Now if you didn’t know, Huawei doesn’t just make smartphones, but laptops as well. We tried out the new Matebook 13 and it is a laptop that people should really consider.
First off, let’s start with the specs. Here in Singapore, there’s only one variant of the MateBook 13. If you go over to the Huawei Global website, however, you might see more configurations available, but it’ll still vary from region to region.
But anyways, our model runs an Intel Core i5-10210U, an Nvidia MX250, 16GB of RAM, and a 512GB NVMe SSD.
So as you can tell, it has pretty much the same specs that you can expect from most thin and light laptops of this calibre.
For the design, it’s really minimalistic. The only thing that stands out is the Huawei logo right on the lid, and it only comes in one colour, which they call Space Grey.
The laptop is roughly 15 millimetres thin and weighs in around 1.3 kilograms.
Huawei doesn’t really mention what exact material it’s made out of, but it’s some form of aluminium. It’s definitely not a solid block of it, however, as you can tell from the edge of the keyboard deck.
However, there’s almost zero flex on the chassis. Overall, it’s really well-built and I would say quite premium as well.
We now move to the display, and this is one thing we really like on the MateBook 13. It features an aspect ratio of 3 by 2.
If you’ve haven’t had the chance to use a 3 by 2 aspect ratio display on a laptop, you’re missing out. A 3 by 2 display gives you more vertical space, and with that means is that more information can be seen at a glance on websites, working on documents is much more natural, and it also helps with the typing experience.
And for that last point, that’s because the display is taller compared to 16 by 9, which means your keyboard deck has to be lengthened, which translates to more space for your wrists to rest on.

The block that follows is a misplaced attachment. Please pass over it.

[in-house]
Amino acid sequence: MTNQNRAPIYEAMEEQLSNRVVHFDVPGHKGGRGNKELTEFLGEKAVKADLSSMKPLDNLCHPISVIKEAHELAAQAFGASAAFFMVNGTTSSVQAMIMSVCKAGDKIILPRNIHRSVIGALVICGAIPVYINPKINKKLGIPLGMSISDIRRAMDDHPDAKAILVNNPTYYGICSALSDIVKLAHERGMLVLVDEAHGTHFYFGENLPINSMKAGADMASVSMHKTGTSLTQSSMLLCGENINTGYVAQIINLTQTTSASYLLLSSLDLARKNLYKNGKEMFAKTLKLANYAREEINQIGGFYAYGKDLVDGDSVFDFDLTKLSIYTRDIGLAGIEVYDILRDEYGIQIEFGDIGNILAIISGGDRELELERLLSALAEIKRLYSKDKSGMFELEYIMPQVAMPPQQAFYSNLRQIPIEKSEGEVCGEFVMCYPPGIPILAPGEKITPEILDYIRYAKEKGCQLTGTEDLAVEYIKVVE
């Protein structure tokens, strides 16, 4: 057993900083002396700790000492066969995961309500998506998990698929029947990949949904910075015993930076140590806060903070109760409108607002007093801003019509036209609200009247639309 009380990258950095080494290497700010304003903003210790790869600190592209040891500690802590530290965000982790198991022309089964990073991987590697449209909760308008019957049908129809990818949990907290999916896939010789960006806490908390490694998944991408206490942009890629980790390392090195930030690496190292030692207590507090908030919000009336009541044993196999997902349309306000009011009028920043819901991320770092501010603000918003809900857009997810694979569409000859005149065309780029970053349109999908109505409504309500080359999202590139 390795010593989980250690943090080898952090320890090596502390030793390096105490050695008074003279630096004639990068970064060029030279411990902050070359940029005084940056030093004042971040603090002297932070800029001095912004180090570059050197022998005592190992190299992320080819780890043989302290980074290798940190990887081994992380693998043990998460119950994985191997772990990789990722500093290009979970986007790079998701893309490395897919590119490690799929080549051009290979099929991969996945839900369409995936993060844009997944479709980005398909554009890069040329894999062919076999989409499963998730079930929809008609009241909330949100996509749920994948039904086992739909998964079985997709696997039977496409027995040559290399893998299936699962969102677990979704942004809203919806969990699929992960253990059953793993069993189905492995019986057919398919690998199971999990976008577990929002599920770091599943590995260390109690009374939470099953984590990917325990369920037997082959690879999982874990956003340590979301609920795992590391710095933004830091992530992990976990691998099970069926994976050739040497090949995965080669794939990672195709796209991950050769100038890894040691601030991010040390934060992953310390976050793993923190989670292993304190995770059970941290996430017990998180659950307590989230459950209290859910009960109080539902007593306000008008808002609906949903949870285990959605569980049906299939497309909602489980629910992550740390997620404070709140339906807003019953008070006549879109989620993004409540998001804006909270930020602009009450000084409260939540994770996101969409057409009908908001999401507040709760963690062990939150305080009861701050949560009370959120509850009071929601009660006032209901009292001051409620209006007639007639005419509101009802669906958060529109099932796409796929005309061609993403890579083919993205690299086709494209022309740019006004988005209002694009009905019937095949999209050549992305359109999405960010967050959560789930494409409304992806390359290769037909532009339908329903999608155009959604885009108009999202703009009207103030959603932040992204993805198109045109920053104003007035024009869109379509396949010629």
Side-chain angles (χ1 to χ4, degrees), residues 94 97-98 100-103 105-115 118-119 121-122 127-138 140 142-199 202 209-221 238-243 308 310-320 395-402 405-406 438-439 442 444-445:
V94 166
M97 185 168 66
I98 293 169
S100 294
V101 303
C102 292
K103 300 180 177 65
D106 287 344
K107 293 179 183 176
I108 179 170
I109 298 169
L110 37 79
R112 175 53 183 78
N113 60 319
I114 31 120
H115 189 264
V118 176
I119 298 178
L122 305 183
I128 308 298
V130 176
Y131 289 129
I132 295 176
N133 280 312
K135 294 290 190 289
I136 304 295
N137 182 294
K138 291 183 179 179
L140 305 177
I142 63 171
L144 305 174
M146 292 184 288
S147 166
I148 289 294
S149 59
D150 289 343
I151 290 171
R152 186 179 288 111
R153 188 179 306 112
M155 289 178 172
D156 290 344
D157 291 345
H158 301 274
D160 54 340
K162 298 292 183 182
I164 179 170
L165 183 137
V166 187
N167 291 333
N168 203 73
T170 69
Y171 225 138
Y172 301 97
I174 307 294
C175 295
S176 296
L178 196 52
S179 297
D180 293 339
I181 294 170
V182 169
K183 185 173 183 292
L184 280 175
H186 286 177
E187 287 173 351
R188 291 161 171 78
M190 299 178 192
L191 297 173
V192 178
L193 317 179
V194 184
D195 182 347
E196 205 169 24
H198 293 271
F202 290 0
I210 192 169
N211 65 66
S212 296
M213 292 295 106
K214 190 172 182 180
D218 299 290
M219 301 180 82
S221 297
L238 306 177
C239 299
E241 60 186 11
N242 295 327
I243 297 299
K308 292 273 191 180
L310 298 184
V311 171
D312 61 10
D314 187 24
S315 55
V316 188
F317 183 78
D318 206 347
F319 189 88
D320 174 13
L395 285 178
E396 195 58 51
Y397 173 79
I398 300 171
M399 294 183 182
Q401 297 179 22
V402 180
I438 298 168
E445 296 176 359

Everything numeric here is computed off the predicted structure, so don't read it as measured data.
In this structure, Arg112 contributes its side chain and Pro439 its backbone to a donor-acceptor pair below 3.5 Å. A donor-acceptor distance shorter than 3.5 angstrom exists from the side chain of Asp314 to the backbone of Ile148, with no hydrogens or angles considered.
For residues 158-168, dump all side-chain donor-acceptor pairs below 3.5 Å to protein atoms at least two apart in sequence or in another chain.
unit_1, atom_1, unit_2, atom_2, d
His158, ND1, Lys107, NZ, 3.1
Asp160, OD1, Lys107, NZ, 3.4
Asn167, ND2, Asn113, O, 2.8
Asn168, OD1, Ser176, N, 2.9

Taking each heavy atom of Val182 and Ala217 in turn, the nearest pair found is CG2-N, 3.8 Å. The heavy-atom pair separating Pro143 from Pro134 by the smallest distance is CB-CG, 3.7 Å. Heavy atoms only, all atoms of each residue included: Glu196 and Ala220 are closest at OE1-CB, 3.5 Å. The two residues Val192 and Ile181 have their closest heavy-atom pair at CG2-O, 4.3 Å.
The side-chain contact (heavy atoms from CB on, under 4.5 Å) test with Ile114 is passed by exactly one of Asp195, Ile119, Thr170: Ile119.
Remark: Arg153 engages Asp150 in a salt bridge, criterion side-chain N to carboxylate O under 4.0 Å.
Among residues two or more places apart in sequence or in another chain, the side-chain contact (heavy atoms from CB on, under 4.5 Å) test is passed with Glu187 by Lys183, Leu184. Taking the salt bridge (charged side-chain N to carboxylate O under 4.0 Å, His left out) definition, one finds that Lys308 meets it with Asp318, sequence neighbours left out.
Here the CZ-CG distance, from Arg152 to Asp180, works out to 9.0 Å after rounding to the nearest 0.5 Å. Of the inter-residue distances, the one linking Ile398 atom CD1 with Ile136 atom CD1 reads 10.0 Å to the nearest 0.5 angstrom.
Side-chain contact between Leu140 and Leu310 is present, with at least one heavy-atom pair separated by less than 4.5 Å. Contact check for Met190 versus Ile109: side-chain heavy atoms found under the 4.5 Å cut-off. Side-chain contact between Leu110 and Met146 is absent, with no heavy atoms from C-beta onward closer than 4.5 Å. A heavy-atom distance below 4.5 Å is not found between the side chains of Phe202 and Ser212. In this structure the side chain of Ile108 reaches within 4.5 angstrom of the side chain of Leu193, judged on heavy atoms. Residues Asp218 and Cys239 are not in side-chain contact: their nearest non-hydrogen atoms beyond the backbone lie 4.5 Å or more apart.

That’s the main reason why we love the Surface Laptop and we’re glad Huawei made the same choice.
Of course, it’s a 13-inch display, and it does feature a pretty high resolution of 2160 by 1440. It covers 100% sRGB and goes up to 300 nits brightness. During our time with it, we found the display great for YouTube, and even while working long hours typing away at work documents.
Also to mention, it does feature 10-point multi-touch as well, should you want that.
Up next we have the webcam, and it’s a standard 720p webcam.
It’s all right for conversations on Zoom, Skype or Discord and the like, and the microphone is par for the course. Not the best, but not the worst. It’s passable.
We then move down to the keyboard and to be honest, the keycaps themselves are really large, especially for a 13-inch laptop. So in that sense, we really rarely made any mistakes while typing on it. The keys do have a shorter travel distance, and when pressing down on them, it feels more like clicking than pushing, if that makes sense. The keyboard also has white backlighting, though it’s not that bright.
To sum it up in a sentence, we feel like this keyboard most closely resembles that of the Magic Keyboard from Apple in their new Macbooks.
The power button also functions as a fingerprint reader for authentication, which is nice.
All in all, it’s a great keyboard that we would gladly use.
But we do have one gripe with it, and it brings me back to our first good point about it, the size of the keycaps.
The keycaps are large, and as we’ve mentioned, we rarely made mistakes on it. But because of the size, it took much more space on the keyboard deck, which meant less space for wrists to rest on. So while the keyboard was great to type on, we couldn’t type for as long as we could on the Surface Laptop.
So it kinda offsets the benefit of going for a 3 by 2 display.
But despite that, Huawei has managed to cram quite a large trackpad. As usual, it features a glass surface, and it’s honestly one of the few Windows-based laptops that has such a large trackpad, especially for this form factor.
It runs Precision drivers, accepts all the gestures, and is just great to use. My only issue is just the left and right clicks, which feel a bit mushy. But it’s not a big deal.